Cambrai is one of that quartette of cathedral cities of northern France which in no sense take rank as ecclesiastical shrines of even ordinarily interesting, much less beautiful, attributes. Of the other three, Arras, St. Omer, and Boulogne, St. Omer alone is possessed today of anything approaching the great Gothic churches which were spread broadcast throughout France during the five centuries of church building in the middle ages.
In manners and customs, and indeed in speech to some extent, these cities all partake somewhat of the locale of those of the Low Countries. These attributes, which have retained their original identities across the borders, were for many centuries, and even so late as the seventeenth century, existent in French Flanders. Curiously enough, in none of these cities are any of the primitive Gothic types to be noted in the cathedral churches, though many possess their olden-time belfries and watch towers, preserved today with something of the local pride which evinces itself elsewhere with respect to cathedrals. It is possible that this is due to the fact that this great industrial centre of northern France is more given to the arts of manufacture than to the devotion of church-going or even of church building. Another notable and almost universal feature of these cities are the Renaissance or Romanesque gateways, -silent reminders today of the mediaeval communities which they once protected, and of the warlike invasions of the past.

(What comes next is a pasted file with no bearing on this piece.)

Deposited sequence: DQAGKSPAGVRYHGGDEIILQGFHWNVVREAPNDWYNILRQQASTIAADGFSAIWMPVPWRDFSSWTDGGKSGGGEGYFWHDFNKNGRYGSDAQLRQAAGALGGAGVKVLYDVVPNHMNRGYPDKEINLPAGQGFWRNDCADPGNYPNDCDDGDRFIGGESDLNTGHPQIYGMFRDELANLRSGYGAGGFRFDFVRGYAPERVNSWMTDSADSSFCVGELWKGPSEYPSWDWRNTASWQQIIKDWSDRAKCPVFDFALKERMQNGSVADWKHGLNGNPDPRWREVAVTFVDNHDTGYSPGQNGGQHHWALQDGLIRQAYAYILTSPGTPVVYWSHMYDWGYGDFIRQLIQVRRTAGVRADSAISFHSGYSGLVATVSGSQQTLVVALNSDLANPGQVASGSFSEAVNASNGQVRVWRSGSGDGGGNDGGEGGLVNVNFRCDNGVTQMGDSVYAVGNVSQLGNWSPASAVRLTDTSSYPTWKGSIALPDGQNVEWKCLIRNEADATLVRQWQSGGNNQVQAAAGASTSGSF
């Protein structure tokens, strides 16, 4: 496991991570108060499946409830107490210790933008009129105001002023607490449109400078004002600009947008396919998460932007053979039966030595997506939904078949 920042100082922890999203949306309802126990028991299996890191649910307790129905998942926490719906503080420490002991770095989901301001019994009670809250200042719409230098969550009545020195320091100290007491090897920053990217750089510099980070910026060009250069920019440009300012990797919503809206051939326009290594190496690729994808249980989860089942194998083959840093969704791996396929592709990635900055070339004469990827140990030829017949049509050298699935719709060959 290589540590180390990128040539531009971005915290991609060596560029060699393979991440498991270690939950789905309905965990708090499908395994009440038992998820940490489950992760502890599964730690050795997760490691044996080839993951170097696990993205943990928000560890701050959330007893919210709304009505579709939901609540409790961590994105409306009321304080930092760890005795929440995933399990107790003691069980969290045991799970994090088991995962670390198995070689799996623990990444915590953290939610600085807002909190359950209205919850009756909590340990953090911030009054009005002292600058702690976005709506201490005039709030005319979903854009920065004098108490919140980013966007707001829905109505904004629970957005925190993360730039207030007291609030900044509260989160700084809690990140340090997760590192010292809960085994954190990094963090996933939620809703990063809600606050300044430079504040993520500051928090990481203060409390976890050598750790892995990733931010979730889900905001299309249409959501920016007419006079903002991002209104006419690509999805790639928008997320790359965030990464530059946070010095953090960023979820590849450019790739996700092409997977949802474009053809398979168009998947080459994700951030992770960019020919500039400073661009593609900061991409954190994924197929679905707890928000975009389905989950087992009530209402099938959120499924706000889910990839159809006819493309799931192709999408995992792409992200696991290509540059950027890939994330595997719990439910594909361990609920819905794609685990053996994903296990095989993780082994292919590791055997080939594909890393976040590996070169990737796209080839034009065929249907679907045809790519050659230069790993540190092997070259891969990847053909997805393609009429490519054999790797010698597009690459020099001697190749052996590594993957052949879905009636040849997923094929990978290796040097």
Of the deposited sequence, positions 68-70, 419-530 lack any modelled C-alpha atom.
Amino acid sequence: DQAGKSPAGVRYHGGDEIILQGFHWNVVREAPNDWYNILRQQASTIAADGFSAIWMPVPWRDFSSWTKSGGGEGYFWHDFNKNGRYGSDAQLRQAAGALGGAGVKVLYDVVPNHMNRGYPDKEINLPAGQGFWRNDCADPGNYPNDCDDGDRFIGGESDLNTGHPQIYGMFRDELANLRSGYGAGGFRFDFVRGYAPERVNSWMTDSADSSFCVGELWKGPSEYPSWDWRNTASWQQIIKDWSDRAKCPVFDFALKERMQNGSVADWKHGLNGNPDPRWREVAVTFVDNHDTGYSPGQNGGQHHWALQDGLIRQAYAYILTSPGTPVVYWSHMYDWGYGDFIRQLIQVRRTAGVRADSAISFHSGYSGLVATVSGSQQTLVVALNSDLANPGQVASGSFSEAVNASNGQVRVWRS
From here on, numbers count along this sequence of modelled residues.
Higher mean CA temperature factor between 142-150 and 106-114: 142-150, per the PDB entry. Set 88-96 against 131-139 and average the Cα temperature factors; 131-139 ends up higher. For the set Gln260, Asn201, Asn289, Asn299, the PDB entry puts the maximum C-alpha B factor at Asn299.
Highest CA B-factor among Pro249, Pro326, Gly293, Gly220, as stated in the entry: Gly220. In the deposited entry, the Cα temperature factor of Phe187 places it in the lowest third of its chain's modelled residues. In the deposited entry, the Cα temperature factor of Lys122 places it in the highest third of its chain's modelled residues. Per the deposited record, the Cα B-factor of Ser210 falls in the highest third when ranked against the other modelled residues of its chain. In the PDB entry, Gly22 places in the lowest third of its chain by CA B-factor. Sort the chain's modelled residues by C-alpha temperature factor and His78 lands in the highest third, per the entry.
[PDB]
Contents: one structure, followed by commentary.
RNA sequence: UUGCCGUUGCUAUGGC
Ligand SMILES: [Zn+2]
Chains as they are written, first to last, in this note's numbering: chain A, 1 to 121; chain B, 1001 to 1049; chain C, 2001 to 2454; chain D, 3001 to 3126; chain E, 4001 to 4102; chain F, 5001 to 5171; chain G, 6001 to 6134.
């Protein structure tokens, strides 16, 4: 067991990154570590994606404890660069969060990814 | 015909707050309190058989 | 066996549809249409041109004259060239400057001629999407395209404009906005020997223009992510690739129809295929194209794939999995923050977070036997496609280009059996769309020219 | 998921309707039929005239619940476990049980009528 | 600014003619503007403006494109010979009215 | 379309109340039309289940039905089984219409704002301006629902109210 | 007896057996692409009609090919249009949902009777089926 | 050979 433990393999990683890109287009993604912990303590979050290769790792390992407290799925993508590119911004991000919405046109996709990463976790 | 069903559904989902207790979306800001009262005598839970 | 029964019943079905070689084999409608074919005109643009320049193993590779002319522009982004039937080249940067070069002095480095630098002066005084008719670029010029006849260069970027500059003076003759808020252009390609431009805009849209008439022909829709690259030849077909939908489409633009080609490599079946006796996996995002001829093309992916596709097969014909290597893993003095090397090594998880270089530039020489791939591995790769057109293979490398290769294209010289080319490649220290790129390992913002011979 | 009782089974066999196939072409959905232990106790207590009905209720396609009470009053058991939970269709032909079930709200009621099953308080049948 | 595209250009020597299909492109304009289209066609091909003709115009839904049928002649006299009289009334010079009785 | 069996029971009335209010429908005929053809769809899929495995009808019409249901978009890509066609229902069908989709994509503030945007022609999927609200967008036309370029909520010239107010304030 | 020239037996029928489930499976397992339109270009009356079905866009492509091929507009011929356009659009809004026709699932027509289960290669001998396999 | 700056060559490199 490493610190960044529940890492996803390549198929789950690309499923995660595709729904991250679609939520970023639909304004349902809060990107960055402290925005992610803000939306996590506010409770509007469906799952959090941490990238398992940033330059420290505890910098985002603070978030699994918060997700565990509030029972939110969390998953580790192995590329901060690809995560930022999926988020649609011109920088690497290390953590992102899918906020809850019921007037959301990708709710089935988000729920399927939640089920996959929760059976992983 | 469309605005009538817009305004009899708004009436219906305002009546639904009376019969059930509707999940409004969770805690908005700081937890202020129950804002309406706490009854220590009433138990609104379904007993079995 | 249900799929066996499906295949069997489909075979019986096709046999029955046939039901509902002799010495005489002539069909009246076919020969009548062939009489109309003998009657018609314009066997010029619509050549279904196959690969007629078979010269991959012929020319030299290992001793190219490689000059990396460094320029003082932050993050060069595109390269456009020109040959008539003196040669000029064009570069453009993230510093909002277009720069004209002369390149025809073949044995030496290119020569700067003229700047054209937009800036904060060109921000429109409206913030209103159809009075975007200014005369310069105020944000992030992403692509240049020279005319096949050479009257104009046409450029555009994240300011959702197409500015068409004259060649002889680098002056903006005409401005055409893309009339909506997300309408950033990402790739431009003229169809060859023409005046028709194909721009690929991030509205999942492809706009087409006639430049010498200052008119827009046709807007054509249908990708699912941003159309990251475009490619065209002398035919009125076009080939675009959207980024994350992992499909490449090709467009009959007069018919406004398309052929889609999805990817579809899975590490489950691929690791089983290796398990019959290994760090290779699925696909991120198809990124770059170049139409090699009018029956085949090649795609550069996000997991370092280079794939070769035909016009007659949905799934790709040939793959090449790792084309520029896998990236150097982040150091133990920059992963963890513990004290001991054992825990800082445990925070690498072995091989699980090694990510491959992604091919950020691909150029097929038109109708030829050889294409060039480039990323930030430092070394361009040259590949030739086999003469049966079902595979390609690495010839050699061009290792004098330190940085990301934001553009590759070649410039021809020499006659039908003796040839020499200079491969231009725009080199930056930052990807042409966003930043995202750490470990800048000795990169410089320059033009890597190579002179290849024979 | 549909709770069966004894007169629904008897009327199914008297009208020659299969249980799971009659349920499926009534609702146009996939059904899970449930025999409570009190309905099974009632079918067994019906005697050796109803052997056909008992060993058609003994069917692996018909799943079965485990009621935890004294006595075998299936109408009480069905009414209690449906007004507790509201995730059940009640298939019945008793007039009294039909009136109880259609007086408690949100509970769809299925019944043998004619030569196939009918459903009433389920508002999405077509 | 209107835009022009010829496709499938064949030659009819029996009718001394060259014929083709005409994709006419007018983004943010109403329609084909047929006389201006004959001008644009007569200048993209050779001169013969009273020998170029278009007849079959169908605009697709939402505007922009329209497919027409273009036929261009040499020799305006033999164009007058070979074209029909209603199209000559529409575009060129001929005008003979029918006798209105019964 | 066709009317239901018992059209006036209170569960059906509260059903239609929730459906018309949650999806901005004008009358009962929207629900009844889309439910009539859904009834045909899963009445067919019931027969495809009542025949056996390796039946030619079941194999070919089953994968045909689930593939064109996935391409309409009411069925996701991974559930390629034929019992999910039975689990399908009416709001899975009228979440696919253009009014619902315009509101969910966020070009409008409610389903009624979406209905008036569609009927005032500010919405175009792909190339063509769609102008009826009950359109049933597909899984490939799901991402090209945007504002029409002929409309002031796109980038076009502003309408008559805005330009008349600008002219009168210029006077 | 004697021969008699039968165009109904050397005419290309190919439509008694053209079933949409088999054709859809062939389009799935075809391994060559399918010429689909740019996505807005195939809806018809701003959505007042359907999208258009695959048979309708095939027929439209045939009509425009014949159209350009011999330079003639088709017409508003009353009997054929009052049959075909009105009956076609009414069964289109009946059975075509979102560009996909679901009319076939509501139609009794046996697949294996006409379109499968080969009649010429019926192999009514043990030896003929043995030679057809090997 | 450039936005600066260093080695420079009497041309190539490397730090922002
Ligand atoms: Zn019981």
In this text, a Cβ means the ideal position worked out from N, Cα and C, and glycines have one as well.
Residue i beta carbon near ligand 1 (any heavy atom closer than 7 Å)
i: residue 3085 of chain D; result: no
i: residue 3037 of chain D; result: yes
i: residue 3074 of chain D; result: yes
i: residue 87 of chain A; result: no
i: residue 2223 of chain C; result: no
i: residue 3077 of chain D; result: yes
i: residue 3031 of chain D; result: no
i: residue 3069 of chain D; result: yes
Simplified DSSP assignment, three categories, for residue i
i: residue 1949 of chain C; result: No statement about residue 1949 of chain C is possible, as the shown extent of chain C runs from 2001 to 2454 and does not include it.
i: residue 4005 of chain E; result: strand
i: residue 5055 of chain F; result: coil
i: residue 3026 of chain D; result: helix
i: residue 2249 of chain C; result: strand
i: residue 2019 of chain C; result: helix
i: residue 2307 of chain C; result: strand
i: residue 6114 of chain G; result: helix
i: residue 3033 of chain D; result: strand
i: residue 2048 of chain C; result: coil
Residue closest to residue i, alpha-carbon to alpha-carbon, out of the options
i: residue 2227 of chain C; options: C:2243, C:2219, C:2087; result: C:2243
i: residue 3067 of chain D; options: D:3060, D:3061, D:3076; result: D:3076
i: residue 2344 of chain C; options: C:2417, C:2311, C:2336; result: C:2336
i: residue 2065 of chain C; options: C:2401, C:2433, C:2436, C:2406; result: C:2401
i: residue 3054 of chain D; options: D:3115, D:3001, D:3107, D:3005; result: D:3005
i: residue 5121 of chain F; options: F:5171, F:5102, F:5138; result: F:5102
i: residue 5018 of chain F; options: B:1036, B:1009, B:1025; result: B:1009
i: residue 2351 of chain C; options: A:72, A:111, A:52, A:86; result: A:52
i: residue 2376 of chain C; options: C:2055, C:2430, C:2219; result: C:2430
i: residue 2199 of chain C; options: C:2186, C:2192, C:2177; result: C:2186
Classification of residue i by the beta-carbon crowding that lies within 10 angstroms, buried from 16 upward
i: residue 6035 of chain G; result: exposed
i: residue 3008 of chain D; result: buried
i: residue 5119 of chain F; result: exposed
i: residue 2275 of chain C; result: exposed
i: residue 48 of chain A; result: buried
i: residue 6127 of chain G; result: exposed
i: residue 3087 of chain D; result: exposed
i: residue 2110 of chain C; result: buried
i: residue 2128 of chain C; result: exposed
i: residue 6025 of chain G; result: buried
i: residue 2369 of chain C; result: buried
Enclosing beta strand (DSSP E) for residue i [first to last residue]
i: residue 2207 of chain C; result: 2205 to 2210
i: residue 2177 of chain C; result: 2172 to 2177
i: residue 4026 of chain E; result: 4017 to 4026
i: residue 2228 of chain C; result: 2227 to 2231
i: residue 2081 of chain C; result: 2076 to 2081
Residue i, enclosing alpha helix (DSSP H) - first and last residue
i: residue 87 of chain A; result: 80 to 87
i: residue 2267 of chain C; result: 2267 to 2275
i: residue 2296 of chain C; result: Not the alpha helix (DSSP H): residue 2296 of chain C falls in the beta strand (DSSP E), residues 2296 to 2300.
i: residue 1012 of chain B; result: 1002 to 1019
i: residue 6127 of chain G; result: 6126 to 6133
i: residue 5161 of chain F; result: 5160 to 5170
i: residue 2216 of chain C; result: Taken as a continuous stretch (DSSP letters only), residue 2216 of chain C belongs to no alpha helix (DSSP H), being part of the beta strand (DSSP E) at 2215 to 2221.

The Cathedral of Notre Dame de Cambrai is on the site of an older abbey church, which was of the same ugly style as the present edifice itself, but which dated, however, only from the early eighteenth century. The present building is said to furnish a replica, of the vintage of 1859, of the tasteless and crude style of the earlier building. There are statues therein of Fenelon, Bishop Belmas, by David d’Angers, and of Cardinal Regnier; and a series of grisaille windows, after originals by Rubens, by Geeraerts of Anvers.
The chimes of Cambrai rank among the most noted in Europe. They are composed of thirty-nine bells and produce a carillon, ” very agreeable,” says a French authority. They certainly do,-the author can endorse this from a personal knowledge,-and they have not as yet descended to such banalities as popular military marches. The largest bell, given by Fenelon in 1786, weighs 7,500 kilos.